Climate change is altering the ecology of a number of helminth species with zoonotic potential. The increase in temperatures is particularly important for those parasite species that complete part of their life cycle in the soil, 1 of the main routes of transmission of this zoonosis. All the months in which a diagnosis of LM was made at our center had similar meteorological characteristics. In August 2011, air from the Sahara reached the north coast of Spain, producing unusually high temperatures. In addition, the climatic instability associated with that low pressure produced stormy showers on several days, with rain recorded on 14 days. In September 2013, it rained on 15 days, with heavy storms on 4 of them. And there were 2 clear episodes of entry of tropical air at the beginning and end of the month, with maximum temperatures of 36°C in the west of Gipuzkoa. August 2014 had a particularly high rainfall, with rain present on 19 days. The number of hours of sun was below average (by about 20%), with only 1 cloudless day. In June 2015, it rained for a total of 16 days, mainly in the east of Gipuzkoa. It was a very warm month, with maximum temperatures of 38°C on the Gipuzkoan coast.

It is likely that the increasing temperatures and high humidity in the north of the Iberian Peninsula, and the low levels of solar radiation compared with other areas of Spain, will create an ideal environment for eggs of parasites that cause LM to hatch in our soil and for the larvae to develop, especially in the warmer summer months.

Although current veterinary guidelines recommend parasite prevention for dogs and cats every 3 months, these periodic controls may not be carried out in rural environments or animals may become reinfested within this period, or feral animals (especially cats) may be involved. This will facilitate the spread of the parasite and the appearance of new cases.

Several systemic treatment options exist. Oral treatment can be given as a single dose of albendazole 400mg by mouth. A 3- or 5-day course of treatment with doses of 400 or 800mg a day is more effective,25 with a complete response in 99% of cases. Thiabendazole is also effective at doses of 1.25-2.5g a day,26 but this drug is not as well tolerated as ivermectin or albendazole, as it can cause nausea, vomiting, and headache. A single dose of 12mg of ivermectin is effective and is well tolerated.27

If topical therapy is used, the application of thiabendazole at concentrations of 15% or 6.25% twice a day achieves resolution of the disease with 2 to 8 days of treatment.28 Cryotherapy is not recommended as it is highly traumatic and the larvae are found some centimeters in front of the advancing end of the lesion.8,26 Cure has also been observed after skin biopsy.2 Clinical resolution is usually seen a week after starting treatment. Preventive measures must be adopted to prevent greater spread of this disease. Veterinary controls to deparasitize dogs and cats should be performed every 3 months, with special insistence in rural areas. Another factor to be taken into account is the involvement of wild and feral animals, such as foxes and cats, which can also spread these larvae and are more difficult to control. Health staff should be trained to recognize this disease so that it can be quickly identified.2 Patients will then receive early treatment and epidemiologic information can be gathered about possible sources of contact to prevent further contagion. To this end, it would be very interesting to know the species of larvae implicated in each case in order to be able to direct treatment to the parasitized animals or against the mechanism of transmission. It is important to insist on barrier methods, such as the use of closed footwear and appropriate clothing to avoid contact with soil contaminated by animal feces. Cleaning or changing footwear must be included as part of the treatment of this disease; this is important to prevent reinfestation in the same individual and contamination of urban areas. The possibility of short-term dissemination in the urban setting must also be taken into account, as contaminated footwear and other fomites can infest carpets,29 where the eggs can live for several days. Town parks, which can be moist shady areas, could be a suitable setting for the hatching of eggs excreted in the feces of parasitized household pets. Identification of the parasite in the 4 cases reported would provide data on the prevalence, life cycle, and hosts of these larvae, and this information could be used to prevent further spread of the species that cause this condition in our setting.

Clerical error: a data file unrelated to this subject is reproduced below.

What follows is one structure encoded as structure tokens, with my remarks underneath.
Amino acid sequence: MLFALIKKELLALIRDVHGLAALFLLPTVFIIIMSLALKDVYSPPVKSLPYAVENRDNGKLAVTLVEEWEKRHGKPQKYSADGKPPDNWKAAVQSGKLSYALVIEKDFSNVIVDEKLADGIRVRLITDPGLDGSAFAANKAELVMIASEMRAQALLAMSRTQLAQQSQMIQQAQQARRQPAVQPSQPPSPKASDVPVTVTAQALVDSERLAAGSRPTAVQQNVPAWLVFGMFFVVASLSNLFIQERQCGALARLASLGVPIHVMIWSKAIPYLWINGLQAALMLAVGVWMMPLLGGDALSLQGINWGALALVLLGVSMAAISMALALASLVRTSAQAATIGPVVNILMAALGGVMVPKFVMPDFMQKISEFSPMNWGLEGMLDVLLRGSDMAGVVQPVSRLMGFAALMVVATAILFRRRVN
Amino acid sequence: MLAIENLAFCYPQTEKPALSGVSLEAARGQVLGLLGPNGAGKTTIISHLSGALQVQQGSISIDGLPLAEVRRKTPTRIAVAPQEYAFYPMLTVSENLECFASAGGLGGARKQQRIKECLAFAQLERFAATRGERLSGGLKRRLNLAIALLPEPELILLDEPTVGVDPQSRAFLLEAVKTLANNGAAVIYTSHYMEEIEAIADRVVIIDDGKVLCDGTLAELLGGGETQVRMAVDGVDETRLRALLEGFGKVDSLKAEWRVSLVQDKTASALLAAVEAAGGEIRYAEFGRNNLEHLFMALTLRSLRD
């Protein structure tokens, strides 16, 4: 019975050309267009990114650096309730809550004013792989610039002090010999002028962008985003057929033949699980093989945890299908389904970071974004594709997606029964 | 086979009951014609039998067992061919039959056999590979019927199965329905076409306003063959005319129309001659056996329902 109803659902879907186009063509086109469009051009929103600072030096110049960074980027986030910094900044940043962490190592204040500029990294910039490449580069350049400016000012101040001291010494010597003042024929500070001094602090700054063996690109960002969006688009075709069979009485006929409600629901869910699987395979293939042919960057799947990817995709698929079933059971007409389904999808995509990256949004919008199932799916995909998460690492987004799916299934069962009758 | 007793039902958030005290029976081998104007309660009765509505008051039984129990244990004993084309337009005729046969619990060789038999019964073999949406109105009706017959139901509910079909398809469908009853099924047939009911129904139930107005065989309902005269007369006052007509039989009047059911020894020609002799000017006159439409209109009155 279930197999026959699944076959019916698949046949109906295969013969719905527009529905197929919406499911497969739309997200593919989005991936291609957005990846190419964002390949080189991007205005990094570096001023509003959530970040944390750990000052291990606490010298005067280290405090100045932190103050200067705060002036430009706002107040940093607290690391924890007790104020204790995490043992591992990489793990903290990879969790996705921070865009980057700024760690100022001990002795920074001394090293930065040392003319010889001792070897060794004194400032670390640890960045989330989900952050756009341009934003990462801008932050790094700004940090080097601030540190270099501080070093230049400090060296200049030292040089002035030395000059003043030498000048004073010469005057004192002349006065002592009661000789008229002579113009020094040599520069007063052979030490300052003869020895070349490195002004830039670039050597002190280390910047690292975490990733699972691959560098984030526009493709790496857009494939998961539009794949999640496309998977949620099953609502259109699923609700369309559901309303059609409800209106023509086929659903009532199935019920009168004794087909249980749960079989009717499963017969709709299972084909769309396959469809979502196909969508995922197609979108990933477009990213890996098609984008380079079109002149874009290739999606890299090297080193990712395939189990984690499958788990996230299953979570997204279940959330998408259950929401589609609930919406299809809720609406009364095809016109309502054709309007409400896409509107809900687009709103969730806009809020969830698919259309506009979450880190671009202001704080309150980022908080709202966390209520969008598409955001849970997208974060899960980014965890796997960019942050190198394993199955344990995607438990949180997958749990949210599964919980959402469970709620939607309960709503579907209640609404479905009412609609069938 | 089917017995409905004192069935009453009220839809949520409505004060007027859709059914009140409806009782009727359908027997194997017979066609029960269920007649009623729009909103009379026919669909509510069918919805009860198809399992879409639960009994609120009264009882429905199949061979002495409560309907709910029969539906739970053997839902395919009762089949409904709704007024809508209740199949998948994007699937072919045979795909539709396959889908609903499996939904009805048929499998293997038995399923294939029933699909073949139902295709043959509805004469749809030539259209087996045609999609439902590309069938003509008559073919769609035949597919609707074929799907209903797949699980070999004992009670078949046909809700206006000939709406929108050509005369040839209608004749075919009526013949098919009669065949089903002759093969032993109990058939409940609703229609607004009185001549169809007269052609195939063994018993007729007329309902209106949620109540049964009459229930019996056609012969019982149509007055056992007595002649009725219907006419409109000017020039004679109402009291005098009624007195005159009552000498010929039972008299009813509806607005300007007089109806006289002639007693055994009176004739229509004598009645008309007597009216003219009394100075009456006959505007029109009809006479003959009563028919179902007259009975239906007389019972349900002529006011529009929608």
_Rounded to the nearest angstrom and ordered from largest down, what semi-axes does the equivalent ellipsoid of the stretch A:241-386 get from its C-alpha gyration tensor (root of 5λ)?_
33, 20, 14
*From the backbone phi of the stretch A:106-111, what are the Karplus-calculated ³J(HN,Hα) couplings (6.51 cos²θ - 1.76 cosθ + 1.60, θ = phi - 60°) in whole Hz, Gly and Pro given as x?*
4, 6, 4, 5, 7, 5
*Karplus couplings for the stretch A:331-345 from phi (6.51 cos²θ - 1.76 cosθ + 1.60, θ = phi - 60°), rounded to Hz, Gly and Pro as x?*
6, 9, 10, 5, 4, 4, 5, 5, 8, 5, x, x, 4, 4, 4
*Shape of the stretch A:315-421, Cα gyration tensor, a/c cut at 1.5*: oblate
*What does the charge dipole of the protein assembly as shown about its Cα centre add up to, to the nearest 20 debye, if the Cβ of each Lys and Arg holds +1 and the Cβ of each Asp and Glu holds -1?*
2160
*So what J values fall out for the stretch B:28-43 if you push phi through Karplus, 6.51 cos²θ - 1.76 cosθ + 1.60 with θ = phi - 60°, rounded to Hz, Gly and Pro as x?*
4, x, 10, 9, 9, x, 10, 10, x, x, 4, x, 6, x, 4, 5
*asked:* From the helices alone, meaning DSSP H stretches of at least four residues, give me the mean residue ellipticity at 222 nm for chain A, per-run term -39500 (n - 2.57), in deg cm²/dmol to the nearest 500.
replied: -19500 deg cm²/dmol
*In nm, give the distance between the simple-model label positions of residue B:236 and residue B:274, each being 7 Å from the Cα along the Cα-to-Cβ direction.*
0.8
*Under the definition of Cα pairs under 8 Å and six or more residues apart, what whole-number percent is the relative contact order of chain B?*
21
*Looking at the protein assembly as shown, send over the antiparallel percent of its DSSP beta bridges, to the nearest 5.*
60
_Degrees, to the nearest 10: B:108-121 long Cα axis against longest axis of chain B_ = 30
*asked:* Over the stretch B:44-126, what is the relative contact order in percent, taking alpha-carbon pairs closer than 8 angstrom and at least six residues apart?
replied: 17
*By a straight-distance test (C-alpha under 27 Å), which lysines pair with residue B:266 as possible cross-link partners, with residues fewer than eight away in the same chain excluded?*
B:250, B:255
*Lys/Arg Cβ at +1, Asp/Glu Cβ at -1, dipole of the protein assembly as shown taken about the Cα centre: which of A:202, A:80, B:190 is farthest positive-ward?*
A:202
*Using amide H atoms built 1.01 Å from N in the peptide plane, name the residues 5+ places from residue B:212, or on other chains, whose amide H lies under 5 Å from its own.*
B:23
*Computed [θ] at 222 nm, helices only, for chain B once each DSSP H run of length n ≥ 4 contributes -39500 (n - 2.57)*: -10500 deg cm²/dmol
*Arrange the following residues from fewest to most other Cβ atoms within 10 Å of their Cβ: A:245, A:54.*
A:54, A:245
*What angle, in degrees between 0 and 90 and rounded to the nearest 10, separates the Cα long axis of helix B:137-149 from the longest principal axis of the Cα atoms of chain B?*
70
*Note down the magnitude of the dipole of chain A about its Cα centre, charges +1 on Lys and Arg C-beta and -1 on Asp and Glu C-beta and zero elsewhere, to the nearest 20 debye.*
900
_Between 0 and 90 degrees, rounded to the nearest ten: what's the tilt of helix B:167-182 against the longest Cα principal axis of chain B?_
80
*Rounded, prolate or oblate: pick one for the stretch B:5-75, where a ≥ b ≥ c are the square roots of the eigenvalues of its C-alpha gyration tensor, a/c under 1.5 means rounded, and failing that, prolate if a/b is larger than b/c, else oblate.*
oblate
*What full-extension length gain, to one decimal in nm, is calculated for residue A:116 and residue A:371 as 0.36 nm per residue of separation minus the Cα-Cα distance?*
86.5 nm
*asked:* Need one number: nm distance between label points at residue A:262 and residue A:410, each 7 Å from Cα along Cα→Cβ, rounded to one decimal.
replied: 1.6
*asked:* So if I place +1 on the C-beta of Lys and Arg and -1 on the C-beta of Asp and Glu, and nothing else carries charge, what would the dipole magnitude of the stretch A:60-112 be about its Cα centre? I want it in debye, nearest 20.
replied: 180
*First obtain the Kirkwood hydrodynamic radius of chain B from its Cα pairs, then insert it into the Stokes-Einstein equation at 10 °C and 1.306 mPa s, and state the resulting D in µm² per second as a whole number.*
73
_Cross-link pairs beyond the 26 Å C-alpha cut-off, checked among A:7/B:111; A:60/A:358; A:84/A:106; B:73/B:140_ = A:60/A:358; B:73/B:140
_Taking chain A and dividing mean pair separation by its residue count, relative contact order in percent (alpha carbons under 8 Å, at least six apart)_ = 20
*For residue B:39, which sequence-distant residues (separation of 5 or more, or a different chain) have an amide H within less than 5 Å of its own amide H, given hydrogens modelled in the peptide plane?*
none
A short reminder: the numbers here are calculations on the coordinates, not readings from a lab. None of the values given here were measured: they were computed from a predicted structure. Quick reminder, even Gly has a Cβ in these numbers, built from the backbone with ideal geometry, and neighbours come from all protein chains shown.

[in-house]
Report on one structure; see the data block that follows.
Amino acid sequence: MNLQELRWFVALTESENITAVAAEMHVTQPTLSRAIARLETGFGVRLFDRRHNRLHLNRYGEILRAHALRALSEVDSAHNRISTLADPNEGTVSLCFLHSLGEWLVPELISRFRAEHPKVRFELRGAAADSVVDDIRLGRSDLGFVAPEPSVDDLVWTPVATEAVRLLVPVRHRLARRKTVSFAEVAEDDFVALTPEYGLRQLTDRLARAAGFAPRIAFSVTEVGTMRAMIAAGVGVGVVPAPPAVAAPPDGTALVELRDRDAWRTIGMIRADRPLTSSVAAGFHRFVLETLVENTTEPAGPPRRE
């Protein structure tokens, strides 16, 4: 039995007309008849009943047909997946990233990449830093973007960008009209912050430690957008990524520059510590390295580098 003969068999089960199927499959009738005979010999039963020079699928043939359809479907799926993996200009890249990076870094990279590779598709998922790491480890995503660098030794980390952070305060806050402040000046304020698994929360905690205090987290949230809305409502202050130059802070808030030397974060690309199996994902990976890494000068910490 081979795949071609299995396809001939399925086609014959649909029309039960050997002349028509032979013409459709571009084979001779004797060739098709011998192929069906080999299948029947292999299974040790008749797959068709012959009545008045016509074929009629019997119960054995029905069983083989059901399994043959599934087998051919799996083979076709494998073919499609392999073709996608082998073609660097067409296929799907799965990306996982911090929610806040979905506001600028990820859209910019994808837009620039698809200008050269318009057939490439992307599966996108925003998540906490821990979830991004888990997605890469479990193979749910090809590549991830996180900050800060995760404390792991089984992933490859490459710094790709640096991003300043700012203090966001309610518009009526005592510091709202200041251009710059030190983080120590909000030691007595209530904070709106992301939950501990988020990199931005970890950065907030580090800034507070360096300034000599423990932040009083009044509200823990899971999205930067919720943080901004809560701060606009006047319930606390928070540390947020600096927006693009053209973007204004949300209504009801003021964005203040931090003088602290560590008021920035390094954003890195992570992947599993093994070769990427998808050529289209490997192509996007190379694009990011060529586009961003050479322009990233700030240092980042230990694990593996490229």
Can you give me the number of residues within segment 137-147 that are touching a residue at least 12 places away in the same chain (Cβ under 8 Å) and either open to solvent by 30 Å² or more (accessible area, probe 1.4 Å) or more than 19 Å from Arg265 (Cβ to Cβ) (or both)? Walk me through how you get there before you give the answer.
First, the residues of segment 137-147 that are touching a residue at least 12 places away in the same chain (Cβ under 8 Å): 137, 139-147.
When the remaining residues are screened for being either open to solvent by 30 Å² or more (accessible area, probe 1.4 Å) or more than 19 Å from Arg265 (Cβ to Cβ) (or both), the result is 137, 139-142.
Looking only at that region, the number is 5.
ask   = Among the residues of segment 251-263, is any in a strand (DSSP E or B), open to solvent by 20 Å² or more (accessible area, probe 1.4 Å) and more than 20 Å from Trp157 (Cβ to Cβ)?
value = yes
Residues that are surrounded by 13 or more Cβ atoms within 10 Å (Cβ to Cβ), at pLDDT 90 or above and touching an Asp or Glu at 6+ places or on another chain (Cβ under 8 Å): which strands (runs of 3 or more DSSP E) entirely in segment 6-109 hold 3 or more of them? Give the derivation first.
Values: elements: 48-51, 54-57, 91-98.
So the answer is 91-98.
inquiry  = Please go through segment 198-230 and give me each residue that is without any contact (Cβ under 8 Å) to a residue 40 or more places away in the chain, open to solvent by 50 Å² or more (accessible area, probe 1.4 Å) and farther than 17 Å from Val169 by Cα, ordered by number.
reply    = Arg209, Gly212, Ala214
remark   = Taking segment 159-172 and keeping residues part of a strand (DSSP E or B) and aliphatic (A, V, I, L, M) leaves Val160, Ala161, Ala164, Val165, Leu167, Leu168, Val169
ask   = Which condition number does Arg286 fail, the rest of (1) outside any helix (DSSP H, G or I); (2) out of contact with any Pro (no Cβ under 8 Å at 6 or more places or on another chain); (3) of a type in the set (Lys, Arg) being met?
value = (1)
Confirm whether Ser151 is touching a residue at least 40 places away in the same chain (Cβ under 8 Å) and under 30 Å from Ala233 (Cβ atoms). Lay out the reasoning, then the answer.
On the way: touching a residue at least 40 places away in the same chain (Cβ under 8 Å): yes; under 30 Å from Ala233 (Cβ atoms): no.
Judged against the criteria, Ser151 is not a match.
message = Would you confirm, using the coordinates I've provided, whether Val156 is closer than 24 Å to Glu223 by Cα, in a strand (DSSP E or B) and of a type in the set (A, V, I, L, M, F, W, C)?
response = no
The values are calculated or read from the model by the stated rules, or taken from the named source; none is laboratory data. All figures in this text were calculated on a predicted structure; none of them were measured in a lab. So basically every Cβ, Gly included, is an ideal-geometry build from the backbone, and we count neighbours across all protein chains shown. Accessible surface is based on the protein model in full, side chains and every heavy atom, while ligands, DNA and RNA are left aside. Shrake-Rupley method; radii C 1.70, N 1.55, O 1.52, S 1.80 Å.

Conclusion

LM is an easily recognized condition that is usually associated with a history of travel to areas in which this dermatosis is endemic. However, autochthonous cases occur in Europe, and our series is the largest published to date. We should expect an increase in the incidence of this disease in both rural and urban areas in the warmer months (June through September) and in moist environments. The rapid identification of this dermatosis, the initiation of an effective treatment, knowledge of the sources of contagion, and preventive measures can be effective in preventing greater spread of LM of autochthonous origin.

Ethical disclosuresProtection of human and animal subjects

The authors declare that no experiments were performed on humans or animals for this research.

Confidentiality of data

The authors declare that they followed their hospital's regulations regarding the publication of patient information.

Right to privacy and informed consent

The authors declare that no private patient data are disclosed in this article.

Conflicts of Interest

The authors declare that they have no conflicts of interest.

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Please cite this article as: Panés-Rodríguez A, Piera-Tuneu L, López-Pestaña A, Ormaetxea-Pérez N, Gutiérrez-Támara P, Ibarbia-Oruezabal S, et al. Larva migrans cutánea de origen autóctono en Guipúzcoa. Actas Dermosifiliogr. 2016;107:407–413.

Copyright © 2016. Elsevier España, S.L.U. and AEDV